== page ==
Lance Eaton's Reviews > Police State: How America's Cops Get Away With Murder
Police State: How America's Cops Get Away With Murder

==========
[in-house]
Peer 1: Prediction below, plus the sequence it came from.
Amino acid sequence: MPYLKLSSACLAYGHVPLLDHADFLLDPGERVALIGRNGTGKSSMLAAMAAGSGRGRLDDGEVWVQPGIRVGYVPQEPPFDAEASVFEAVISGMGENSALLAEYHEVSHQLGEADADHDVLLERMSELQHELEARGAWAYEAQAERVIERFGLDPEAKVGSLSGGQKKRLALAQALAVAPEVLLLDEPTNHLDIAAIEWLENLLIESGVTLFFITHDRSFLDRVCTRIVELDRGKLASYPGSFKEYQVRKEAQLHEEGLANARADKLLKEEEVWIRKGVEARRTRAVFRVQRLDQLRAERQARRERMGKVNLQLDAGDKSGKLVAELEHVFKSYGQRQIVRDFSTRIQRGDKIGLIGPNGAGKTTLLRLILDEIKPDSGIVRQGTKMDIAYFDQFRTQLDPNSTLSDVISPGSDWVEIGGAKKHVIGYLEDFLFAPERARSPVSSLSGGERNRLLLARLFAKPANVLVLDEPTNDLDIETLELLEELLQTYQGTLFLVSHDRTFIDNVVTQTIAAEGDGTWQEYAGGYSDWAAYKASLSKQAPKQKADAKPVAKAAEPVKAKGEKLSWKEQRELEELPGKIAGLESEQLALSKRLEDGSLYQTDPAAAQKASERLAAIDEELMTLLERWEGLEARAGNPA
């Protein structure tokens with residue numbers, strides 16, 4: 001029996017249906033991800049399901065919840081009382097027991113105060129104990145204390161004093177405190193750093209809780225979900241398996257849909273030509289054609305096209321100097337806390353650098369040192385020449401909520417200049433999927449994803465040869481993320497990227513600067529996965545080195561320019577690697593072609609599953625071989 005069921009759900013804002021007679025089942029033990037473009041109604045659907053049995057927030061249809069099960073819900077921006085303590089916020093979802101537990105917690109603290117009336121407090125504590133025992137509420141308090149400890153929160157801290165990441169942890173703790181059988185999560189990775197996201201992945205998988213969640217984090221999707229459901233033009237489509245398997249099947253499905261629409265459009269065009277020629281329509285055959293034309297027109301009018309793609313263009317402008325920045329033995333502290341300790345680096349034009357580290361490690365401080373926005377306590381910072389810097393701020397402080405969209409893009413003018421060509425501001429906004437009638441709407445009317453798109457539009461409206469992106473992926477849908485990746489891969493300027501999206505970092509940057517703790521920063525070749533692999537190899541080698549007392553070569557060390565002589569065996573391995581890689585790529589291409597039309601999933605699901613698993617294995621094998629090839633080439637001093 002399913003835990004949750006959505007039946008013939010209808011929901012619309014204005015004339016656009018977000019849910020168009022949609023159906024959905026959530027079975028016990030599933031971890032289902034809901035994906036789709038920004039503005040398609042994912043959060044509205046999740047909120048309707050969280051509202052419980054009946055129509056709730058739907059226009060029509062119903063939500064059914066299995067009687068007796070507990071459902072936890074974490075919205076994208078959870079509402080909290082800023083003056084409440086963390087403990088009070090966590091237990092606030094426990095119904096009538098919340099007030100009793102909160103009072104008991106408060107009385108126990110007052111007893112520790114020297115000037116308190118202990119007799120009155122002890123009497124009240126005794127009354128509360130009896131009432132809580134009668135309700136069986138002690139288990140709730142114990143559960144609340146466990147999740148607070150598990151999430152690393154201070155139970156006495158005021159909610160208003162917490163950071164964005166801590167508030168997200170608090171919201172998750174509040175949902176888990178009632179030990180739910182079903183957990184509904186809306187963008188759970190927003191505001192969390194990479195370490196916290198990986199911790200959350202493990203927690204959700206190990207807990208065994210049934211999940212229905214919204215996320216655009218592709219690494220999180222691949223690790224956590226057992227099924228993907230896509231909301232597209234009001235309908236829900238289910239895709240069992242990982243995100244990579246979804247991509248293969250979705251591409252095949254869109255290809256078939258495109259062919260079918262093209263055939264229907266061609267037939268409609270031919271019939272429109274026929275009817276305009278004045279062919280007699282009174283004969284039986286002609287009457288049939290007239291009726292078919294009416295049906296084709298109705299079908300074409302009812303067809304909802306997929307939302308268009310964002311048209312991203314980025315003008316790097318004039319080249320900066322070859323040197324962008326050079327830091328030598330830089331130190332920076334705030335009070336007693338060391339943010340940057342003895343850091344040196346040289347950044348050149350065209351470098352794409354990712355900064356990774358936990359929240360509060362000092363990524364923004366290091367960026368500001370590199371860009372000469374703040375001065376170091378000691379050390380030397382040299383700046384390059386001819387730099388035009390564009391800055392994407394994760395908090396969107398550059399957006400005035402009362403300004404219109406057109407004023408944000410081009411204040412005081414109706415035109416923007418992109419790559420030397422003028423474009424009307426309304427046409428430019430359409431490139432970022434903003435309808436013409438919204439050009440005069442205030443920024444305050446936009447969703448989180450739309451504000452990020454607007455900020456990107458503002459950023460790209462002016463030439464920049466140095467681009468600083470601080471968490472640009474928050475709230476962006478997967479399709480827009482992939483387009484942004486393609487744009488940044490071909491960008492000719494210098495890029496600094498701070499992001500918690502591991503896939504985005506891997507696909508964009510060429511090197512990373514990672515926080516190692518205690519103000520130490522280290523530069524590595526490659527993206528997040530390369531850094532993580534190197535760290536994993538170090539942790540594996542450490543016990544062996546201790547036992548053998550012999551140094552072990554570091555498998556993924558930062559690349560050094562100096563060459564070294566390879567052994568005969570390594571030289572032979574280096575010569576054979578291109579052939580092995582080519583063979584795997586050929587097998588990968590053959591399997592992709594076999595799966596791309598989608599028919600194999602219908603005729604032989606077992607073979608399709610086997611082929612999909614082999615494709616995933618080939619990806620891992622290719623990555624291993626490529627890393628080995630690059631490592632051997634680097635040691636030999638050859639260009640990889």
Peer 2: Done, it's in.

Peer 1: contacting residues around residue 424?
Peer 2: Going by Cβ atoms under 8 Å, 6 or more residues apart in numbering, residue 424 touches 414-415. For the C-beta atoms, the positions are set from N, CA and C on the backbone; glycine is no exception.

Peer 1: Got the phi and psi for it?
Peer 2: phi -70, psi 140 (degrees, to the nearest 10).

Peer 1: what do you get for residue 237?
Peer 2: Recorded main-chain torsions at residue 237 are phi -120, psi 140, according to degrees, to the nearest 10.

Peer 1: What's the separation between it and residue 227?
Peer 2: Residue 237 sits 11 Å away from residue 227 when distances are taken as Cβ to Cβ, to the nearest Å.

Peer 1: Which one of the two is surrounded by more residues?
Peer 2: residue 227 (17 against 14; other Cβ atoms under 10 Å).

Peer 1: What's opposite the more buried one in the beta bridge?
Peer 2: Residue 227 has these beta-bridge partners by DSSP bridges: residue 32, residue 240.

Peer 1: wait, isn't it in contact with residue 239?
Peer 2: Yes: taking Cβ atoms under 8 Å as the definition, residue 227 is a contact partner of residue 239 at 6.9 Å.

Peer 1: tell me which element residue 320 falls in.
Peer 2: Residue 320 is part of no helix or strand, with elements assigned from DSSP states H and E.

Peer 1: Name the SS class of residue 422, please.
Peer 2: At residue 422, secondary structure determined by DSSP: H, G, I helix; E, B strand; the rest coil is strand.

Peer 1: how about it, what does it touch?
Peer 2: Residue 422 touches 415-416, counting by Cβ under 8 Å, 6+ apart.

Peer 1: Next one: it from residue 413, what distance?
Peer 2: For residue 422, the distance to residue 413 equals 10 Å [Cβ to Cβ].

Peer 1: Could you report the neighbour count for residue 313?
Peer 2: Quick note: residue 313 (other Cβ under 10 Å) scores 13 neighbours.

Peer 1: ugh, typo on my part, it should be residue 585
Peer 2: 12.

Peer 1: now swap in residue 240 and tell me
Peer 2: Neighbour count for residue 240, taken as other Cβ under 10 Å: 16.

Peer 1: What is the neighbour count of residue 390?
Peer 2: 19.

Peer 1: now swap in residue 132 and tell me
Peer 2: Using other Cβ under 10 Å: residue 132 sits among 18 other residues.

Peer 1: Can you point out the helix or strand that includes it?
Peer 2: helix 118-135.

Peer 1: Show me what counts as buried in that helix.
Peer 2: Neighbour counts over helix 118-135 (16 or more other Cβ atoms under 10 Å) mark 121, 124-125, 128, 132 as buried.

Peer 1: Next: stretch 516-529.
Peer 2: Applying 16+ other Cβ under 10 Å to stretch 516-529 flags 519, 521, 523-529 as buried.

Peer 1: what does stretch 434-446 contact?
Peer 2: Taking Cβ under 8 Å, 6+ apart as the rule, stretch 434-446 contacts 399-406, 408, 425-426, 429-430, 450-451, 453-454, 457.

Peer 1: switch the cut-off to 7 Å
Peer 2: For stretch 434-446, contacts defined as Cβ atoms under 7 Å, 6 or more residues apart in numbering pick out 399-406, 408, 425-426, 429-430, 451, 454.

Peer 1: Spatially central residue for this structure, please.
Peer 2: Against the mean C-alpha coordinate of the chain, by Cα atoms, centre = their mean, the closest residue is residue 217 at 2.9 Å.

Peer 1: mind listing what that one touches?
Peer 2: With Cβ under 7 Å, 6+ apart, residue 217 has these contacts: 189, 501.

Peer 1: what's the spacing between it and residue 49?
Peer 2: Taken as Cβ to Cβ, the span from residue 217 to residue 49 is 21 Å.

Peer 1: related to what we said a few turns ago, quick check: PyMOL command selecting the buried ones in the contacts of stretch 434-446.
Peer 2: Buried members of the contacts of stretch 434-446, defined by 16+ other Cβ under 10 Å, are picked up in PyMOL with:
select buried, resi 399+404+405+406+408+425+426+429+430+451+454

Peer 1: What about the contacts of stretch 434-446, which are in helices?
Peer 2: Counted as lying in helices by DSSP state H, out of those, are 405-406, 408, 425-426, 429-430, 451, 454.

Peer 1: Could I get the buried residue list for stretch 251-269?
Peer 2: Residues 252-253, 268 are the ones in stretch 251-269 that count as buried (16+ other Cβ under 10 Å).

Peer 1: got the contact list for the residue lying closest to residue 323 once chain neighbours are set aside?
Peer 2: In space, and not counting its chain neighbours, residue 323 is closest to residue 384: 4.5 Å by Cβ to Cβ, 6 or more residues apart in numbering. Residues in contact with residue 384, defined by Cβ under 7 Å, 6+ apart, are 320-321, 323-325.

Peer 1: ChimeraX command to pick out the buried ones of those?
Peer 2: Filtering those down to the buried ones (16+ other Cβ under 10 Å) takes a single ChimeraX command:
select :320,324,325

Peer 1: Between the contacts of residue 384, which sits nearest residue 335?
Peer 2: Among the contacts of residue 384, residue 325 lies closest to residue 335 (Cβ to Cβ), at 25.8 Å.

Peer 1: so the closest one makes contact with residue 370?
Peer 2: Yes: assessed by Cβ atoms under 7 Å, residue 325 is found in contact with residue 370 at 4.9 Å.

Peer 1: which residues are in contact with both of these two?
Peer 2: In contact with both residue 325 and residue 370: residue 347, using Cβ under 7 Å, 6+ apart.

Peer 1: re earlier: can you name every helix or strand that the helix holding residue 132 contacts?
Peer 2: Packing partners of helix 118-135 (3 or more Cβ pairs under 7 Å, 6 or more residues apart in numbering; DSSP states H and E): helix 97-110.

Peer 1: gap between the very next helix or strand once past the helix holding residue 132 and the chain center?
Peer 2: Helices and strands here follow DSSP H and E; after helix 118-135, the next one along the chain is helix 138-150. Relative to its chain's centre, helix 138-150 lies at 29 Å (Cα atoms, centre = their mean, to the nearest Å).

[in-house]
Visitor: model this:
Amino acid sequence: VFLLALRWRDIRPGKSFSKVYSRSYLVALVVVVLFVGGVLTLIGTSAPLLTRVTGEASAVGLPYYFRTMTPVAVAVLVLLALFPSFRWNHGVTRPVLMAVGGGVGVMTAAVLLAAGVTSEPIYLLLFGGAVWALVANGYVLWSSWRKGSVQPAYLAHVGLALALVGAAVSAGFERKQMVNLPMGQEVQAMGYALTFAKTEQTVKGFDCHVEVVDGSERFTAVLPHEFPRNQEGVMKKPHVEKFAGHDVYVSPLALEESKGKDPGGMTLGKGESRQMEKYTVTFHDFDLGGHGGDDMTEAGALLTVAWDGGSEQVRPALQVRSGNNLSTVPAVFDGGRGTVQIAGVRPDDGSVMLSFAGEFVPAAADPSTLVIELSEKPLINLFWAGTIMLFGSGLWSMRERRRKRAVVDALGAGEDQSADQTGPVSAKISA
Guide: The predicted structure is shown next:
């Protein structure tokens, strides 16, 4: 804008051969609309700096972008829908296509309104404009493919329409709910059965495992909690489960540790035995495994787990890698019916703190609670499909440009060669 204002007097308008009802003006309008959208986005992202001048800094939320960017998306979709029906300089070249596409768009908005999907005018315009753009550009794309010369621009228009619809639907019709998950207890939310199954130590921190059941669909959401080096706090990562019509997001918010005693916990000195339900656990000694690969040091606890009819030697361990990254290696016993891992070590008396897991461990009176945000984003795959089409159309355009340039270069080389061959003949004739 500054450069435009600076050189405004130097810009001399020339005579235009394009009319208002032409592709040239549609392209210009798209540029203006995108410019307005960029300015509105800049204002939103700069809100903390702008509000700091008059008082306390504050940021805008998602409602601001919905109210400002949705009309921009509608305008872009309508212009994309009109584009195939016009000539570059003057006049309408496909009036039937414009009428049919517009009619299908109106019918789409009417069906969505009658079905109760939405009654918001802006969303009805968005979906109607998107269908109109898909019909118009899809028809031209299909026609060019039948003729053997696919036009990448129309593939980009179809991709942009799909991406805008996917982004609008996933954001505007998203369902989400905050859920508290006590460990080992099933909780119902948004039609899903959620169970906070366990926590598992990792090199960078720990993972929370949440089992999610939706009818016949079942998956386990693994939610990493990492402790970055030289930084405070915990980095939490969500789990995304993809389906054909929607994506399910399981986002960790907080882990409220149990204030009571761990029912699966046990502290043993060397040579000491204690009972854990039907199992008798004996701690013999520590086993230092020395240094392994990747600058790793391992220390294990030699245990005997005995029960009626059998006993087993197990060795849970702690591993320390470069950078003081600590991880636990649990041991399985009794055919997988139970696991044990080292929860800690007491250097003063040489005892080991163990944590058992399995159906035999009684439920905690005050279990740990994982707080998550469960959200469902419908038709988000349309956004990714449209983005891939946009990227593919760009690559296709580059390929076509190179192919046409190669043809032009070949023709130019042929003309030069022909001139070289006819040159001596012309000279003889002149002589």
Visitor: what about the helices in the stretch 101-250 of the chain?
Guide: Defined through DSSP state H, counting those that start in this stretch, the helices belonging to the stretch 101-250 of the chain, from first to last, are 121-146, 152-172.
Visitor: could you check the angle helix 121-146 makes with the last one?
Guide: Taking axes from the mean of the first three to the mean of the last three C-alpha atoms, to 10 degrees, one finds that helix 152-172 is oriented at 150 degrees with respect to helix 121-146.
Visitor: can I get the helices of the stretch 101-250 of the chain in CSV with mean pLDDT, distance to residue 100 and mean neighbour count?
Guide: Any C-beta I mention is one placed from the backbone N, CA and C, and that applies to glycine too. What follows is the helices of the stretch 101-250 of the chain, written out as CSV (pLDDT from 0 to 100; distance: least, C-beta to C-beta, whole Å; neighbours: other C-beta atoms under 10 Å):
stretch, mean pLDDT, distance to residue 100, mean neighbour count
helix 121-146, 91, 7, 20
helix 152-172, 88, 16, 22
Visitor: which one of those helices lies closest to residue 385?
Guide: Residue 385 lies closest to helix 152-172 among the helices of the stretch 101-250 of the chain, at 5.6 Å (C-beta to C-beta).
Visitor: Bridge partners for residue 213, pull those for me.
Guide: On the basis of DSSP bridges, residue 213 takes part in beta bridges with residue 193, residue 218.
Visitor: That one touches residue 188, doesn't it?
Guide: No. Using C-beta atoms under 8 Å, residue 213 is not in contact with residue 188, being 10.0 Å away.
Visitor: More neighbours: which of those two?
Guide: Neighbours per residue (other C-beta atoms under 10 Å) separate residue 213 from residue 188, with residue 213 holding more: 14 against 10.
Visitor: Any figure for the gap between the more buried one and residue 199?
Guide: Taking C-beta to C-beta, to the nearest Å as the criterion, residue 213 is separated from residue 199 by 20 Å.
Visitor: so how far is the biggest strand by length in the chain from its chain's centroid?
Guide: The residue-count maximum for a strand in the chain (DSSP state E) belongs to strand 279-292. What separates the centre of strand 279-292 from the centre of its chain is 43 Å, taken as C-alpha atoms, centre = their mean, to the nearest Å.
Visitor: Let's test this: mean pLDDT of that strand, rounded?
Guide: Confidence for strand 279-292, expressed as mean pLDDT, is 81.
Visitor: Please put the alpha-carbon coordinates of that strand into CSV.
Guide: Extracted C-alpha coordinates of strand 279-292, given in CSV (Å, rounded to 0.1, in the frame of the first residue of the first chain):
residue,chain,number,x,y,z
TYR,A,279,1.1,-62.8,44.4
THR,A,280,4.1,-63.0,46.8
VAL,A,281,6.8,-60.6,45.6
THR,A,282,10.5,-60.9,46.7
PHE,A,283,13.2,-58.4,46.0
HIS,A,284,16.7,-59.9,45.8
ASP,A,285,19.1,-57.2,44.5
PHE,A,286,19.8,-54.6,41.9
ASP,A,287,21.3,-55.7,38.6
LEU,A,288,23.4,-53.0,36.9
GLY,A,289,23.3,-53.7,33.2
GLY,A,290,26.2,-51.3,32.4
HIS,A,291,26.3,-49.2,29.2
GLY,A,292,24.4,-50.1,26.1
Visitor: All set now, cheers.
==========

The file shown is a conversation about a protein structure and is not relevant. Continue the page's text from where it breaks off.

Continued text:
As a trial defense lawyer with decades of experience and involvement in a good deal of high-profile cases over those years, Spence has a keen eye and mind for discussing how the structure of law and power can work to systematically disenfranchise most citizens. That is the major theme throughout the book that no matter the case, the government power is exponentially greater than any human that it puts in its crosshairs. Over a discussion of a handful of his most poignant cases, Spence illustrates the ways in which government in forms of the attorneys, judges, attorney generals, and police agents at all levels of government can abuse their power on people without the means to fight back (save for, of course, Spence and his self-reported amazing lawyerly skills). At that level, the book has a very solid foot to stand on and can present extremely important arguments about the evaporation of (or maybe just the realization of the illusion of) the rights of people against the state in the US. Unfortunately, Spence doesn't try to make the case stand on its own but must--at every turn--instill flowery and disdaining language in a way that proves to tire and does harm to his overall argument. He seems to never miss an opportunity to say disparaging remarks about the individuals whom he casts as the enemy to a degree that one expects to hear the chimes of discord like a bad melodrama. Of course, for those saintly innocent folks he is defending, he can't find enough angelic ways to present them. The end result is that it increasingly becomes challenging to figure out what is dramatic flourish and what is fact, what is thoughtful argument and what is manipulative means of getting readers to once more look angrily towards representatives of the state.
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